Today, Manchester City have announced a partnership with the English Institute for Sport (EIS) to create a research collaborative. The pioneering project will look into the effect of hormone levels on health and performance.
A particular focus will be on the menstrual cycle, an area that has little understanding. Therefore, the collaboration will look to accelerate understanding in an area that is still largely unknown. With most research having been focused on male athletes, the unique technology known as Hormonix will therefore provide vital data.
Prevalence of injury
It sometimes seems impossible for a season in the women’s game to go by without a considerable amount of serious injuries.
The FA Women’s Super League has eight teams less than the Premier League. Yet, severe injuries are much more prevalent in the women’s game. Thus, it makes sense for a club to look into ways they can better prevent such injuries happening to their players.
Aoife Mannion is an example of this. The Manchester City defender was sidelined for 18 months after sustaining an ACL injury in October 2019.
Mannion’s return came just months before forward Chloe Kelly sustained a similar injury during her first season at the club.
It isn’t just City who have had players experiencing similar setbacks. Chelsea’s No.18 Maren Mjelde was also forced to undergo surgery for a knee injury she suffered in the Continental Cup Final in March.Embed from Getty Images
The relative infancy of the professional women’s game means little has been done to investigate why these types of injuries are so prevalent.
Uses of the technology
The technology developed by Mint Diagnostics will be provided to selected first team players by the EIS. The EIS provides support to more than 40 high performance sports within the UK.
The collaborative hopes that data from the study will benefit athletes across the sporting system. The data gathered could also have an impact on wider society with an understanding of how the menstrual cycle could relate to injuries.
Dr James McCarron, head of sports science and medicine at Manchester City, seemed excited about the potential of the project.
“Our overarching performance vision is to win the hearts and minds of fans and future footballers around the world through pioneering performances of high skill played at high intensity.”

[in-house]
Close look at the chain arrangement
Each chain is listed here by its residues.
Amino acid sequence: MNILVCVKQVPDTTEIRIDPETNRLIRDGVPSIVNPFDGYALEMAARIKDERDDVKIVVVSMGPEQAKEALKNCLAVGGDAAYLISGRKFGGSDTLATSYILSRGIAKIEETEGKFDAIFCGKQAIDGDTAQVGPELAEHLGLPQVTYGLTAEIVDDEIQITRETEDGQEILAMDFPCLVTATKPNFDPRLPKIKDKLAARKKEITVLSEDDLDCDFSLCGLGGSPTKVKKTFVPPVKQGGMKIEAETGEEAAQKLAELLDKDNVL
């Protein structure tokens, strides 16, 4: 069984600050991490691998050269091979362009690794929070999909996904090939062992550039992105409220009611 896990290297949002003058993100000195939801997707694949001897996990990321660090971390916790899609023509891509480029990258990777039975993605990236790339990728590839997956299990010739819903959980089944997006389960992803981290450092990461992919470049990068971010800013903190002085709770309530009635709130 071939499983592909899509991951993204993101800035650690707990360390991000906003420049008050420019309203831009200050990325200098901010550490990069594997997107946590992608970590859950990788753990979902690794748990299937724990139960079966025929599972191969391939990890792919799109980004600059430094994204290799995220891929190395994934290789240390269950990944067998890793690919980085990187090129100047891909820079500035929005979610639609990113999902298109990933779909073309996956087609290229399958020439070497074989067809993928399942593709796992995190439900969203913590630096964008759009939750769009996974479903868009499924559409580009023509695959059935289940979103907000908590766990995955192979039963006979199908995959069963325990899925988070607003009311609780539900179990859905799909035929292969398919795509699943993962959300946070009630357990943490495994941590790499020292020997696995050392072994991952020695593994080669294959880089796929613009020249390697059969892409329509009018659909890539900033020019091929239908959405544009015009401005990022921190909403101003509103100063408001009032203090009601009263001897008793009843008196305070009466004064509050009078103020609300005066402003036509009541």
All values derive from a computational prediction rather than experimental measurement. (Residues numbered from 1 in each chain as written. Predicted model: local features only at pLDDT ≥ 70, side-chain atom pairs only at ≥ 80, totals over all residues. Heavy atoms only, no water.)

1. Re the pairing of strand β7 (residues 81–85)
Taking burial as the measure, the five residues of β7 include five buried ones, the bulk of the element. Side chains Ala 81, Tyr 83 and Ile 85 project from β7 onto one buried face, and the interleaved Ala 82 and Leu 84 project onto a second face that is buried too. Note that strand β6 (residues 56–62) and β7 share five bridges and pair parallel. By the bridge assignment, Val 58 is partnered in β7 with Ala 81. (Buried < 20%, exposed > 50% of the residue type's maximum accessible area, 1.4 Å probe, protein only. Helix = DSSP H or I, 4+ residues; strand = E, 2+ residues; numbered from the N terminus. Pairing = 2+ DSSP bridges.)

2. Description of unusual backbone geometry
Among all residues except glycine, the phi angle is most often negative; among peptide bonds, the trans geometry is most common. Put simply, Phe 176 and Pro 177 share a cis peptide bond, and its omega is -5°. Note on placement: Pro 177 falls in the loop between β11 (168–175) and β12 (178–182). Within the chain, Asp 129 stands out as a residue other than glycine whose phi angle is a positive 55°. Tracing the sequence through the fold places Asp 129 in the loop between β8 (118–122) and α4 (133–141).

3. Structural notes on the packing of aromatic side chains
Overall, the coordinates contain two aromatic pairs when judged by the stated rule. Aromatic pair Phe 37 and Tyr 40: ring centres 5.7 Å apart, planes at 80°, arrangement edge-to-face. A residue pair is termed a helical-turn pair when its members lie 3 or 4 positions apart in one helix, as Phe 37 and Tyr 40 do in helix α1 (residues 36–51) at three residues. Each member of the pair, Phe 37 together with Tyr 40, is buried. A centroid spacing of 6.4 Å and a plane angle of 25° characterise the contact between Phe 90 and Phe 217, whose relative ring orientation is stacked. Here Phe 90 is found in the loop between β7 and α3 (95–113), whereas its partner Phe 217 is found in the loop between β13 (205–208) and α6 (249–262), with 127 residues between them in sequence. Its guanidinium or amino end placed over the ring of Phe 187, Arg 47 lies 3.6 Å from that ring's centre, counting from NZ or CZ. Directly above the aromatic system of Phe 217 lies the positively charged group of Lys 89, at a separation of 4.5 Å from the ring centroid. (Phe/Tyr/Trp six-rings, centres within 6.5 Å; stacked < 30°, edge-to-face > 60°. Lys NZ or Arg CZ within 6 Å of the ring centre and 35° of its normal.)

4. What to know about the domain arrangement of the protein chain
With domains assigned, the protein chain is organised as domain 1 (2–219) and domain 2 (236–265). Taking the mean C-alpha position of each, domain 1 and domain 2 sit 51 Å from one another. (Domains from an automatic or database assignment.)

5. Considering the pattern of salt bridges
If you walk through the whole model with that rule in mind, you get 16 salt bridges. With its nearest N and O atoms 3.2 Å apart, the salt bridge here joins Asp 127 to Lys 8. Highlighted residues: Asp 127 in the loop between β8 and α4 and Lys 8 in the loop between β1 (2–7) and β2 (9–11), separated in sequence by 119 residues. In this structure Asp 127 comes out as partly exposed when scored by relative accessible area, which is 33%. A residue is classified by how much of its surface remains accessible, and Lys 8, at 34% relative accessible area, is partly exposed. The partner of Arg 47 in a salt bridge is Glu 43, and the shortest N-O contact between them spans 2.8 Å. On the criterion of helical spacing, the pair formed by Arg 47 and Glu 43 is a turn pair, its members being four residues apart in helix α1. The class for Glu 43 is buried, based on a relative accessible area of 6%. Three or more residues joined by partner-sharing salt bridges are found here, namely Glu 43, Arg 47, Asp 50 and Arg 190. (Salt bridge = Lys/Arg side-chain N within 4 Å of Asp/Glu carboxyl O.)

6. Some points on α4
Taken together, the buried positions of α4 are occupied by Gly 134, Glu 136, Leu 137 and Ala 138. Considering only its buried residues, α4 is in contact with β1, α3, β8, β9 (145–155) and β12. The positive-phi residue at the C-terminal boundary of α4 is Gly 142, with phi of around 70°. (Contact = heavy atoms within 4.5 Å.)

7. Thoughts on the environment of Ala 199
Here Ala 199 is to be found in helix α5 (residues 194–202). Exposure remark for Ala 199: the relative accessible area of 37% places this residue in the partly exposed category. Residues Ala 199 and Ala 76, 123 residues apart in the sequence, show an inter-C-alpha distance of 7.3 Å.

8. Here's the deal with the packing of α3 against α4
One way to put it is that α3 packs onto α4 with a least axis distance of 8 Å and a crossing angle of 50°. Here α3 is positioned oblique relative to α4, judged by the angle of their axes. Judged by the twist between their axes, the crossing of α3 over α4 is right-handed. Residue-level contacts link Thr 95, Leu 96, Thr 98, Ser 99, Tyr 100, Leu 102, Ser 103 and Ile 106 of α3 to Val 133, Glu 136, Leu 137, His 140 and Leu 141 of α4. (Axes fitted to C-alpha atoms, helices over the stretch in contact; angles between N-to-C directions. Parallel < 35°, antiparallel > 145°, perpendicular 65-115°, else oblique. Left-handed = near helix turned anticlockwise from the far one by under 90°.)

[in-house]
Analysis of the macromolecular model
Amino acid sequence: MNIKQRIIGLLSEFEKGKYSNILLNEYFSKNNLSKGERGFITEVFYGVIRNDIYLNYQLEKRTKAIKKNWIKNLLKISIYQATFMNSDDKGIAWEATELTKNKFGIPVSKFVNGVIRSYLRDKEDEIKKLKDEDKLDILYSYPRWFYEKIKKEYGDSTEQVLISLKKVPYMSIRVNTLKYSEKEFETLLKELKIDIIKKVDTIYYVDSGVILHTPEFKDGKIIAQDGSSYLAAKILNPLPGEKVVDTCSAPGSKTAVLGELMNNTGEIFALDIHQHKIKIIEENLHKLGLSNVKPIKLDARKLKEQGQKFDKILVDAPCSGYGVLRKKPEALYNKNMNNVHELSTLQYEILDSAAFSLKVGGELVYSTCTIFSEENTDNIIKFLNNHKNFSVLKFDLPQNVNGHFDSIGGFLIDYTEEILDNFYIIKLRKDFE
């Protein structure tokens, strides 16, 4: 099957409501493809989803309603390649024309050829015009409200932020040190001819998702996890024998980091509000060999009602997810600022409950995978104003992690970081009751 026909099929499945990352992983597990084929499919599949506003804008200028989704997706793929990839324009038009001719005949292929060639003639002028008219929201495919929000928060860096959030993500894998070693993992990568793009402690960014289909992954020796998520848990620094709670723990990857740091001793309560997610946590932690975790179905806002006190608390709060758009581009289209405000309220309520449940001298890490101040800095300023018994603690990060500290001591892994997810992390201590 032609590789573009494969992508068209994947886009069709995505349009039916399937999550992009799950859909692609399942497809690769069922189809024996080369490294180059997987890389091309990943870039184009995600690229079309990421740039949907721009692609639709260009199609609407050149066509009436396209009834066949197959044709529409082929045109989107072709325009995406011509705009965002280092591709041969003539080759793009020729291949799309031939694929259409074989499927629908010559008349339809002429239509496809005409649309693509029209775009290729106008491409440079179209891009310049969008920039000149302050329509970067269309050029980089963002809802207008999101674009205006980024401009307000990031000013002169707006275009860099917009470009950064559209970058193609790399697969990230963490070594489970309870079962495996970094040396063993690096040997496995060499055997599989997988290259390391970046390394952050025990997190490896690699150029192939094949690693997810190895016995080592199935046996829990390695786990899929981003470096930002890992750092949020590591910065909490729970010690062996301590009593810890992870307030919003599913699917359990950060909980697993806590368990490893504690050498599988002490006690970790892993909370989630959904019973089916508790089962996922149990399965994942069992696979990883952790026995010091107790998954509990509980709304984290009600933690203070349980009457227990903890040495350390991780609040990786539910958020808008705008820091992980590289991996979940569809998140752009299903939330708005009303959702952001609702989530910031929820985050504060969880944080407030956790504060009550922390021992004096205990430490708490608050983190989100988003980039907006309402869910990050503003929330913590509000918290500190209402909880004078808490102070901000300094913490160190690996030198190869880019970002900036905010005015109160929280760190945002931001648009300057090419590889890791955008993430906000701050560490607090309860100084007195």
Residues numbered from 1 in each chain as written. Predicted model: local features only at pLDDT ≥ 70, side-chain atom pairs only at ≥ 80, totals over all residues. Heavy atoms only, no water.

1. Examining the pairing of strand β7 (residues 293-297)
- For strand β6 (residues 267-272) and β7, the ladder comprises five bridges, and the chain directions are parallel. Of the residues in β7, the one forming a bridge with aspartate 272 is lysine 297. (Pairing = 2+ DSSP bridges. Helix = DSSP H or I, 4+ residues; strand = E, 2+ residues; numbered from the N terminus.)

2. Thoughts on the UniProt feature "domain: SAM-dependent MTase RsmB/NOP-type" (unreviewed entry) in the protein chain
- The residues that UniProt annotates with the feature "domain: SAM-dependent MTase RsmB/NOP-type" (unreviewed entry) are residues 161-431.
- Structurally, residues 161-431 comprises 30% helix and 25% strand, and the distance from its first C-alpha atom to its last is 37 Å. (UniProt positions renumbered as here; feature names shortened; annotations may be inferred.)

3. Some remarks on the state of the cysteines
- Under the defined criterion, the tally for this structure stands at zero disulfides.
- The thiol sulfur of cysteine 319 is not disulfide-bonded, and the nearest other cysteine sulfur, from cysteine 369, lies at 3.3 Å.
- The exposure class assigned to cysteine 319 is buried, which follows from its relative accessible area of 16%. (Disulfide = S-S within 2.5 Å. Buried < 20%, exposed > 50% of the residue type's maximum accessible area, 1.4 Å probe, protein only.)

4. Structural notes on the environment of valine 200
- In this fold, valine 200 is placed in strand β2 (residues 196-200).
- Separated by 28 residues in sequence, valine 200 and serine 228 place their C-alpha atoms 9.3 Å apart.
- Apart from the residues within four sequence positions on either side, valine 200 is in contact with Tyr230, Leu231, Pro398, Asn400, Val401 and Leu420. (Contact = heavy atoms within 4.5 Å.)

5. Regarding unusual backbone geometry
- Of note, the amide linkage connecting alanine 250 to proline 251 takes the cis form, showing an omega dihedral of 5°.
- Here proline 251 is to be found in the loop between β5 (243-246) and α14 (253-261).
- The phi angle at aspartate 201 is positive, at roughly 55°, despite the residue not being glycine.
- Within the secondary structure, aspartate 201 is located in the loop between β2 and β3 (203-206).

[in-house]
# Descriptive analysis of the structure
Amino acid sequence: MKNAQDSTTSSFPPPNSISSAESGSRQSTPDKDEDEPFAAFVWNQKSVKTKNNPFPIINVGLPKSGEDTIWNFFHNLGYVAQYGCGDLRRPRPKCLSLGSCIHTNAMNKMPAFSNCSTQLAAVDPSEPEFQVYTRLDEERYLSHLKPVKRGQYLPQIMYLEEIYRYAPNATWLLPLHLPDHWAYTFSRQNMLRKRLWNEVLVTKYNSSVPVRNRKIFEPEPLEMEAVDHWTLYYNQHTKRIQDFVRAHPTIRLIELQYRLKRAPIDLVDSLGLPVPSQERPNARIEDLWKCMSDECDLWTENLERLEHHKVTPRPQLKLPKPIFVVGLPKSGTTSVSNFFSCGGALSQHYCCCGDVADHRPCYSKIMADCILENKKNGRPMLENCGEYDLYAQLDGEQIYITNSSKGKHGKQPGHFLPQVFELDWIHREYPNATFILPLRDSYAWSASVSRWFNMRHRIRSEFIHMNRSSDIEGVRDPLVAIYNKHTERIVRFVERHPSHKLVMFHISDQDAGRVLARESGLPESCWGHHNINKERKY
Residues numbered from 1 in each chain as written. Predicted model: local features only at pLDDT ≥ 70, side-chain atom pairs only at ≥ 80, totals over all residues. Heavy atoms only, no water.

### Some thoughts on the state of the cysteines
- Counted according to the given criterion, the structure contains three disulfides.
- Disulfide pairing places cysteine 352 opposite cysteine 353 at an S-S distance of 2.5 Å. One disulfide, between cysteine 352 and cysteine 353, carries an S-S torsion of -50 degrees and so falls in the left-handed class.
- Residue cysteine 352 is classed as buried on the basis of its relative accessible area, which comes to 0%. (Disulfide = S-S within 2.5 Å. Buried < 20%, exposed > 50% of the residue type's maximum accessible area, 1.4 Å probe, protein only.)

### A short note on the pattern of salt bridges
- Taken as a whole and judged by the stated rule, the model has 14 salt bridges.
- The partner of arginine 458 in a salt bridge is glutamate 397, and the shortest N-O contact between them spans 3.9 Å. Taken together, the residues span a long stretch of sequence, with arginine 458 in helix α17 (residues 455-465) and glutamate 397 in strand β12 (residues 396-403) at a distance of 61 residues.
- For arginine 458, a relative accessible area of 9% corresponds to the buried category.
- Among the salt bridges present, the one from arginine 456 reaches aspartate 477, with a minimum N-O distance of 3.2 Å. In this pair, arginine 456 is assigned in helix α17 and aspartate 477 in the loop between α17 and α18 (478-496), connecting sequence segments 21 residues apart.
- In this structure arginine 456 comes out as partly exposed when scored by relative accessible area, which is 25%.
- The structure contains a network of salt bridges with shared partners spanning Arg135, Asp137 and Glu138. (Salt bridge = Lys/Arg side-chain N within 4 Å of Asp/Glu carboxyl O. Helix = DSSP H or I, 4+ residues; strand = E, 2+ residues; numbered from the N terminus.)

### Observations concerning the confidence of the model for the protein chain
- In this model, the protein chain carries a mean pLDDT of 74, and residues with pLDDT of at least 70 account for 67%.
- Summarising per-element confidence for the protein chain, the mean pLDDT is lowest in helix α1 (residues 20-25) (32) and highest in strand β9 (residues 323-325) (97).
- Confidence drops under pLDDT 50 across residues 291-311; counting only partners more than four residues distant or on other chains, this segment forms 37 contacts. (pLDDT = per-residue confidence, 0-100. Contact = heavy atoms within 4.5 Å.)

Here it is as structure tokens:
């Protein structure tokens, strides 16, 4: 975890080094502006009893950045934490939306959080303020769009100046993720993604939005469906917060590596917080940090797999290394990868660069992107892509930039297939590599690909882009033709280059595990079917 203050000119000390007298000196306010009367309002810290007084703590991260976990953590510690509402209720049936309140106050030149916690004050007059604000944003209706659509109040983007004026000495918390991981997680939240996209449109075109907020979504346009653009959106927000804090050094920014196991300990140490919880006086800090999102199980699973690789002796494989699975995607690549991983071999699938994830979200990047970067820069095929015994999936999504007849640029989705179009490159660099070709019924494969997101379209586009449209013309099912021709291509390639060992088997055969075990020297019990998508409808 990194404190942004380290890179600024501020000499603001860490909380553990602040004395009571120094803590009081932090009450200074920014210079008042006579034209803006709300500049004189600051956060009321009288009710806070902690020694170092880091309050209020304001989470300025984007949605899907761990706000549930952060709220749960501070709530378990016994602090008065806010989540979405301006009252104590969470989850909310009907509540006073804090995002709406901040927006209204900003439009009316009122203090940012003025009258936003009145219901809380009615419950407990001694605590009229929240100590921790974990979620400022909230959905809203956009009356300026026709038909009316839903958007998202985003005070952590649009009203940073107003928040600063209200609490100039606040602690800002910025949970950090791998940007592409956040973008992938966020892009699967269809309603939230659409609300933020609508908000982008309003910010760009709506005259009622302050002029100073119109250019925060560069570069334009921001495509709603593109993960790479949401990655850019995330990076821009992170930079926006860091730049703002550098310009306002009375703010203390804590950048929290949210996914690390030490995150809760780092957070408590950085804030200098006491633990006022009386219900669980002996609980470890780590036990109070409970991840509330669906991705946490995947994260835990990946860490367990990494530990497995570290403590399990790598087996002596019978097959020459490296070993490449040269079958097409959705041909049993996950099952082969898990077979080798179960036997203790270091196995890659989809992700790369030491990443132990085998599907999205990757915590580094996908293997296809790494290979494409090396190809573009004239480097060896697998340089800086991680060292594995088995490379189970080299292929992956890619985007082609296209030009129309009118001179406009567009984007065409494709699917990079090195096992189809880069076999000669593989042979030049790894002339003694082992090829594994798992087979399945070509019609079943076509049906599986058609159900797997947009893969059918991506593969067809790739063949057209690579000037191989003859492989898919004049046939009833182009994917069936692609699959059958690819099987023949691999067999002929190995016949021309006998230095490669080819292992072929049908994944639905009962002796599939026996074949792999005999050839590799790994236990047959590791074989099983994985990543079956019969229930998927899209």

Dr Richard Burden, Co-Lead for Female Athlete Health at the EIS, also seemed optimistic about the project.
“This is a truly pioneering collaboration, and we are very excited to work with Manchester City Women. Through developing an incubator for this work, we hope to benefit the high-performance athletes that we support across more than 40 different sports.”
His belief in the importance of the data being collected was also evident.
“The insights developed here could also be translatable to grassroots, developmental athletes and to the general population.”Embed from Getty Images
A step forward for players
Manchester City and England captain Steph Houghton is one of the senior team players who are involved in the project. When asked about the research, Houghton seemed optimistic that the data gathered could have a tangible impact. She also acknowledged the lack of understanding around female athletes hormones.
“Throughout my time in the game, there has been a real lack of information and research surrounding female athletes and the effect of hormone levels on performance,” said Houghton. “It’s incredibly exciting that we’re able to now do some real work on it.”
The City No.6 has been no stranger to serious injuries that have kept her off the pitch for extended periods. Houghton ruptured her ACL in 2009 and recently experienced an achilles injury. The defender who has been at City for the past seven years was full of praise for the club.
“Manchester City make sure that we have everything we need to reach our optimum, but the fact that they’re now going a step further into an area where the surface has barely been scratched is so important.” Houghton continued, “It speaks volumes about how highly the Club values its women’s team.”
The move comes as women’s football prepares itself for a run of international tournaments. Everyone involved will undoubtedly have an eye on the data, looking to prevent injuries during congested seasons and international breaks.